Box 3: Shared Problem: Students do the problem as a class or with the educator
Box 4: Partner Problem-students work with the person next to them and do the problem on their own.
Box 5: Write about Math-Students write or say the explanation to the question
Box 6: Challenge/word problem: Students must complete a deeper thinking question or application question.
Box 7: Students complete the 4 to 6 practice problems individually (this is a great exit ticket)
Box 8: Fast finisher-typically a more difficult question that can be done if students have time and finish early

**Practice Sheets:** This is a sheet with extra practice problems (similar to box 7). it could be used as a homework sheet, a reteach sheet for students who didn’t pass the exit ticket from the lesson the day before.

**End of Unit Grade Level Tests:** At the end of the unit, you can give the diagnostic test a second time to see your student’s progress. The only issue with the diagnostic test is there are only a few questions on each standard. For more comprehensive information you can also give students the end of unit grade-level tests to make sure they have learned what they needed for their grade level.
**Spiral Reviews** (at 3 different Levels)

### Other Resources:

**Math Facts Practice:**
Counting/Cardinality Practice
Addition/Subtraction Practice
Multiplication/Division Practice

**Spiral Reviews (at three different levels):** This gives students extra practice with a large variety of skills to help them get quick reminders on concepts they learned from previous grades.

**Extensions: **There are math extension units to teach important skills that are not covered by standards. These include STEM activities, project-based learning, and Word Problem strategies

**More Practice:** I will sometimes pull free resources from places like Engage New York, Prodigy, or Khan Academy videos to reteach concepts students do not understand or to give more challenging problems to students who need the extra challenge, or just more practice for students.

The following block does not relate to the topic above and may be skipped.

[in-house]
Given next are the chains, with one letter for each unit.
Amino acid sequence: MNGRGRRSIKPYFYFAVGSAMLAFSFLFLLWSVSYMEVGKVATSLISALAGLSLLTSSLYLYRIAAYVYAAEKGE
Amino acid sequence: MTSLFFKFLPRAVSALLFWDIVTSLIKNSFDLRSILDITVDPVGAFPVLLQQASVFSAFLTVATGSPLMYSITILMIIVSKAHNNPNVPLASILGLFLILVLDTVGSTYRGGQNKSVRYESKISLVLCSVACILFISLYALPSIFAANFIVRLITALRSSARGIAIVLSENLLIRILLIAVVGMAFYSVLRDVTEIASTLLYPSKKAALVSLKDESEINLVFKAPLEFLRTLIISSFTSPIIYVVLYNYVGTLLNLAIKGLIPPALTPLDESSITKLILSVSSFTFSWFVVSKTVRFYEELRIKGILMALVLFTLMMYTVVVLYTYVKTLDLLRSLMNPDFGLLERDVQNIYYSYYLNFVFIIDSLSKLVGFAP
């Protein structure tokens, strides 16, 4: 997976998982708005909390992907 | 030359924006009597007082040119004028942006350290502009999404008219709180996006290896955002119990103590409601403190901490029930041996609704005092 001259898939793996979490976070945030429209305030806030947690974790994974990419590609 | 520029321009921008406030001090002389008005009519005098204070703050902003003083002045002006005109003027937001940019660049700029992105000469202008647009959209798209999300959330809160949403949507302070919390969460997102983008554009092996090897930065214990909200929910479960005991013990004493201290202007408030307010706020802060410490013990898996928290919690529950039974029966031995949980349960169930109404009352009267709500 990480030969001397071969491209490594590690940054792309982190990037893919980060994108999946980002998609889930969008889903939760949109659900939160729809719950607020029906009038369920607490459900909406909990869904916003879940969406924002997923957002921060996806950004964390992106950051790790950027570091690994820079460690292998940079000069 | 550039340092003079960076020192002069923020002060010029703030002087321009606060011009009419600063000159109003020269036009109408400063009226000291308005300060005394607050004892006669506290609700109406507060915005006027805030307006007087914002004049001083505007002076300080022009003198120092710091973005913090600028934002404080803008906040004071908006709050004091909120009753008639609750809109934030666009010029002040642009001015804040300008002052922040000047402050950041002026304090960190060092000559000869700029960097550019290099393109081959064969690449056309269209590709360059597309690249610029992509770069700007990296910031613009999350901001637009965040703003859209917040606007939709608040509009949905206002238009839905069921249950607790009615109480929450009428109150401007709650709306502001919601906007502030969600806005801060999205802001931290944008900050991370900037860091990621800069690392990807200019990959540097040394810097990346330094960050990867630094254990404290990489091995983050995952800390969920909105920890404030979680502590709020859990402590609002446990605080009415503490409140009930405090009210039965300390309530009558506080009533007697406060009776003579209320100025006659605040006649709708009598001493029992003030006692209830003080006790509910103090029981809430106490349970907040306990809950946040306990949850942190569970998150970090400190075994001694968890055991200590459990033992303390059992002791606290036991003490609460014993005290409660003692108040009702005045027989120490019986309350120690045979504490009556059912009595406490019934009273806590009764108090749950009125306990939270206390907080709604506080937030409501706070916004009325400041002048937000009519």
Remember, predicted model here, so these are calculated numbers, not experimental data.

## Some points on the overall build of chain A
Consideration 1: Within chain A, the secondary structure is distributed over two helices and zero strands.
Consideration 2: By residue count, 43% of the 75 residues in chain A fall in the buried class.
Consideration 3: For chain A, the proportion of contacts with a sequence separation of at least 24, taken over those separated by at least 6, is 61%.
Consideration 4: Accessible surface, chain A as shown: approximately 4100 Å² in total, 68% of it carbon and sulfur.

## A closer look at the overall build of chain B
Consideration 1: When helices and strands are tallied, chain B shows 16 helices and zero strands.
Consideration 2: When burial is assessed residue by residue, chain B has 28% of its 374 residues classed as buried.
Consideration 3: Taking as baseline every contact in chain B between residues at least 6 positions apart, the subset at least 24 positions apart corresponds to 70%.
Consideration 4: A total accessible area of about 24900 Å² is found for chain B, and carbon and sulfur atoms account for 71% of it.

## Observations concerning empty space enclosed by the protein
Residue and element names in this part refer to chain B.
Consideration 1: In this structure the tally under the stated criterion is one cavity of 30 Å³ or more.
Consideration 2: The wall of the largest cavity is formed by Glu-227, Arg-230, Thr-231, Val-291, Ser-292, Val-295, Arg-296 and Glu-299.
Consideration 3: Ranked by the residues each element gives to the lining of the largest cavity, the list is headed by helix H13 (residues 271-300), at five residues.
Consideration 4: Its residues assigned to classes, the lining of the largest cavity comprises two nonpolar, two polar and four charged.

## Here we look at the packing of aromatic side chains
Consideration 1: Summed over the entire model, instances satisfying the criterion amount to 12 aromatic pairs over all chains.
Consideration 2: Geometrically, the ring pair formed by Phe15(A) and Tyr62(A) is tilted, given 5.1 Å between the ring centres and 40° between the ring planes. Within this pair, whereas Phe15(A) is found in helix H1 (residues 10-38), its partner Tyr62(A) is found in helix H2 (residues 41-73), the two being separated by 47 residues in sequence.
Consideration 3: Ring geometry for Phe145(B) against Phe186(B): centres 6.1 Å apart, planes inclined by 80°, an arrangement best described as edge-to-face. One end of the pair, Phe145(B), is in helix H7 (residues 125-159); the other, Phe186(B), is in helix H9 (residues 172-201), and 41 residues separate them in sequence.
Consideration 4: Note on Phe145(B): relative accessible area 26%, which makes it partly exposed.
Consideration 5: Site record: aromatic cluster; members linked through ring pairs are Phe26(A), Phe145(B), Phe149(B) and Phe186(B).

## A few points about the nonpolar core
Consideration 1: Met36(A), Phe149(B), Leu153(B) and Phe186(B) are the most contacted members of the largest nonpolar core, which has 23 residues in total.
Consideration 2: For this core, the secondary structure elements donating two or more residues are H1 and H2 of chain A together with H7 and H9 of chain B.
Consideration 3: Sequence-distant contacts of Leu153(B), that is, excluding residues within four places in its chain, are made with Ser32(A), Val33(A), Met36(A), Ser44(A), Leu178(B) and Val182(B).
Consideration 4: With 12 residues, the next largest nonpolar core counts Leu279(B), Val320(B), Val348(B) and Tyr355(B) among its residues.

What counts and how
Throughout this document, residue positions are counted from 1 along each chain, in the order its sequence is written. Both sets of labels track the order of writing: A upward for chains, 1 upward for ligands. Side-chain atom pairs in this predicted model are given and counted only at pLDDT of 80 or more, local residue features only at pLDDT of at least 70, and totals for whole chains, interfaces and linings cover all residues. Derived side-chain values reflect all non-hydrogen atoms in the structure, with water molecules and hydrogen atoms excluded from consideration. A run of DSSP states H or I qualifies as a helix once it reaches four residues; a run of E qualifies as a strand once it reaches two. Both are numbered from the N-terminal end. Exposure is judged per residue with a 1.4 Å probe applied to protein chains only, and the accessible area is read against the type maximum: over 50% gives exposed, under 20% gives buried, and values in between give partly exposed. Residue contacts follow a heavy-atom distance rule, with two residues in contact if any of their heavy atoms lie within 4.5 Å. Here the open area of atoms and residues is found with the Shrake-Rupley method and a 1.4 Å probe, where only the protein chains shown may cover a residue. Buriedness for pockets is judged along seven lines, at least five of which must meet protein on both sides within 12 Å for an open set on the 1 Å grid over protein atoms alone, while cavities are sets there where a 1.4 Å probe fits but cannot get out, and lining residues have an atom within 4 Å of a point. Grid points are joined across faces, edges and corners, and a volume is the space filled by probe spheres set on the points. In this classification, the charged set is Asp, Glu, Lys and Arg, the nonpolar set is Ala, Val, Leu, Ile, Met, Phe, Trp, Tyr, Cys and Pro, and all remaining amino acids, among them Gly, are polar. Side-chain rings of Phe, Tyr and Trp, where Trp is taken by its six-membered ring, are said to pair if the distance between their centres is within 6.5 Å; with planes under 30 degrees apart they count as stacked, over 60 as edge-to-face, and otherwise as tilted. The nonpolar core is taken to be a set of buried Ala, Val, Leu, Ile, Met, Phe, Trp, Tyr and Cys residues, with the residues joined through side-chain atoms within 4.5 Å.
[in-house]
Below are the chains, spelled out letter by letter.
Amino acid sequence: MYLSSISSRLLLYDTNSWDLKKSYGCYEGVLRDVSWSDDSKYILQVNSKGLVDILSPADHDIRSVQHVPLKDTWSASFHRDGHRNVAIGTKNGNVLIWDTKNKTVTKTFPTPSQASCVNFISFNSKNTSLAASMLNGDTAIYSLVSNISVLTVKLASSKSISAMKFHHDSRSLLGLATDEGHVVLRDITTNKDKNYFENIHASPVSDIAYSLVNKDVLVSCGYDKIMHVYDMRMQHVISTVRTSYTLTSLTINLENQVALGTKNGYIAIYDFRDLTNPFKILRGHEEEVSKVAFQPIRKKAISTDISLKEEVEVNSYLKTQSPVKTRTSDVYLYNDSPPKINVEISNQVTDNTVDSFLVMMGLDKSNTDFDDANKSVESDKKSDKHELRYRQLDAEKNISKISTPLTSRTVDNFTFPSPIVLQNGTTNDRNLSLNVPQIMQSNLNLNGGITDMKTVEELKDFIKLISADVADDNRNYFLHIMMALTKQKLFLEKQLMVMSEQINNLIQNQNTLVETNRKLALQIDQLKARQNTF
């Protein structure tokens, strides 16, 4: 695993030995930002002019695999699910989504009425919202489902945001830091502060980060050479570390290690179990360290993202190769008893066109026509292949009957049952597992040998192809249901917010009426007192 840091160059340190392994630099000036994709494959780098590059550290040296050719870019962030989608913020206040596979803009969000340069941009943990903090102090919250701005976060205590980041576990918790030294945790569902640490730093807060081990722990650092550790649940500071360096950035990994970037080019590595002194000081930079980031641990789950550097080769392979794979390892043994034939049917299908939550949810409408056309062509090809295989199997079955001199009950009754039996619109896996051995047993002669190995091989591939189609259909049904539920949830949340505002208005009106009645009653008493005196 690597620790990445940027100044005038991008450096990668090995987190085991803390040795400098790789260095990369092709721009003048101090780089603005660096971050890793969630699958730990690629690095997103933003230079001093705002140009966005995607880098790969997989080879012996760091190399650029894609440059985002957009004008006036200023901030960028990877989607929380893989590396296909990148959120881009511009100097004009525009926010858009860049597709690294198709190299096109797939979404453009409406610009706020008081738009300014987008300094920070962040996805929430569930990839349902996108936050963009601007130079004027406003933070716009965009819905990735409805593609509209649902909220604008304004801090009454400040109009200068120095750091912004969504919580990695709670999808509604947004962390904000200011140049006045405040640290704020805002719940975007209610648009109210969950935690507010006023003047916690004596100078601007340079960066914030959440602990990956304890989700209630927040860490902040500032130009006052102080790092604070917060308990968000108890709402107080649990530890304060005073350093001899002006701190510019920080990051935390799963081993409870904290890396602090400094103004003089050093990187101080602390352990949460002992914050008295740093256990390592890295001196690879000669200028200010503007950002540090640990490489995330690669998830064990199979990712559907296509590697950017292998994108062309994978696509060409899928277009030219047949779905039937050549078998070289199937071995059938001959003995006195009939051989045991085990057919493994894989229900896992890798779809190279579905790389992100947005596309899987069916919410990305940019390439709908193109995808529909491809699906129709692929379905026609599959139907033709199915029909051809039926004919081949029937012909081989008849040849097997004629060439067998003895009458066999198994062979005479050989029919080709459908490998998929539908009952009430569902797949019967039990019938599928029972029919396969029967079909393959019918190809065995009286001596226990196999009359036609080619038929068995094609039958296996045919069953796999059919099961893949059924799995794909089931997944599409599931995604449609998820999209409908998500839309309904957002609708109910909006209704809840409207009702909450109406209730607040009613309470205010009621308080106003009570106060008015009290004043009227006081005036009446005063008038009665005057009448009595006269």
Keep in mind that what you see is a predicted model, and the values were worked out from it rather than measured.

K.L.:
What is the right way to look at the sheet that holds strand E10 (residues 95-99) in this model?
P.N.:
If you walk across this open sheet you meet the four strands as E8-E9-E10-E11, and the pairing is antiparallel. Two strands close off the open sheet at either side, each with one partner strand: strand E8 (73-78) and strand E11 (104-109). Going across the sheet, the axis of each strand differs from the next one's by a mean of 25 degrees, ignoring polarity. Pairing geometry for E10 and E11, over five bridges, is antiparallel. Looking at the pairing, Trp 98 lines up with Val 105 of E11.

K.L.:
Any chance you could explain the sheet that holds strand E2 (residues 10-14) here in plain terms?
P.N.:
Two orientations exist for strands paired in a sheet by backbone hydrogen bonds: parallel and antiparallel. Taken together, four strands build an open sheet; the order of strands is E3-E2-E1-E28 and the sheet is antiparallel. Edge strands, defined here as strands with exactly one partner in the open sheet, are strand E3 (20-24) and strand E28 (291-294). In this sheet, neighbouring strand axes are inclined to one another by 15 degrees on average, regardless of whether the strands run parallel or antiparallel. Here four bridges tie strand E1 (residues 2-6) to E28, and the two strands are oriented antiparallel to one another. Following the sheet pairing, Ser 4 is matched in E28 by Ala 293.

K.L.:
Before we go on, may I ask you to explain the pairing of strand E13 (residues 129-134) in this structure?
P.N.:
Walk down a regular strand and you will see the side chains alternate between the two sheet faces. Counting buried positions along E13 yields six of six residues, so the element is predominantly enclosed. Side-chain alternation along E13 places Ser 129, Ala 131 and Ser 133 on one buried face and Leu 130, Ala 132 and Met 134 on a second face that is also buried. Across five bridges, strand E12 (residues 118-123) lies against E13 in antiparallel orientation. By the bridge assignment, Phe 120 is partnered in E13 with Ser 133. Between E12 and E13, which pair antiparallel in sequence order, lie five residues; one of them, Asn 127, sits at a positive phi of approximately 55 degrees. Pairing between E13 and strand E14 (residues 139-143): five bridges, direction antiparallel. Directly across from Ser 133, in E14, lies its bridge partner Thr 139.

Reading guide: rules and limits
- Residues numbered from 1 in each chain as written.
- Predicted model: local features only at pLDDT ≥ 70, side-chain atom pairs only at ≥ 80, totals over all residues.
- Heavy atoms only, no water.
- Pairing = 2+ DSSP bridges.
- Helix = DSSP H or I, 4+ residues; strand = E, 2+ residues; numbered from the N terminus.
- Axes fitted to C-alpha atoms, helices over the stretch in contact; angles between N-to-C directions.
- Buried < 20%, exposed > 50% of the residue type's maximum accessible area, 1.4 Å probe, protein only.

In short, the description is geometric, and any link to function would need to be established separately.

### Lesson Set-Up:

Because this is so individualized, it requires a unique structure in order to teach. Centers (or activity rotations) are a great way to do this (either with one student each if you are homeschooling, or in small groups, if you are teaching a traditional class). These resources are meant to each take about 15 or 20 minutes and so depending on the amount of time for math and the number of groups/students you are teaching centers could include any of the following:

**Lesson: **Teach the front page within the 20 minutes
**Practice: **Students can do the back of the lesson and or practice sheet (from that day or the day before) OR do additional online practice using resources like the website Prodigy
**Math facts practice/Spiral Review**
**Unit Math Vocabulary Practice with pictures or cards**
**This may be helpful if:**

You teach homeschool and have kids in different grades

You have a mixed class with multiple grade levels

You have one grade level, but the students have learning gaps

You have advanced students who are ready for the material for the next grade AND you have students who are needing gaps fill from past material

It is a math unit that comes ready to be DIFFERENTIATED to fit the needs of EVERY little learner you are teaching!

## Related Questions:

**What does “Standard-based” mean in teaching?**
Standards are different from state to state in the US (however most states use the same set of standards, known as common core standards). Standards are given as a basis for teachers, administrators, and parents to know what a child is expected to learn each at each grade level. Standards-based assessment and instruction simply means that the content is set up to teach a specific skill that they need to learn based on state standards.
**What are centers and how are they helpful?**
Centers just mean that students rotate through multiple activities. This is great because it allows teachers to work in smaller groups and helps to differentiate instruction and meet multiple students’ needs. It also is great for students to get a variety of practice AND get a chance to move around throughout the day.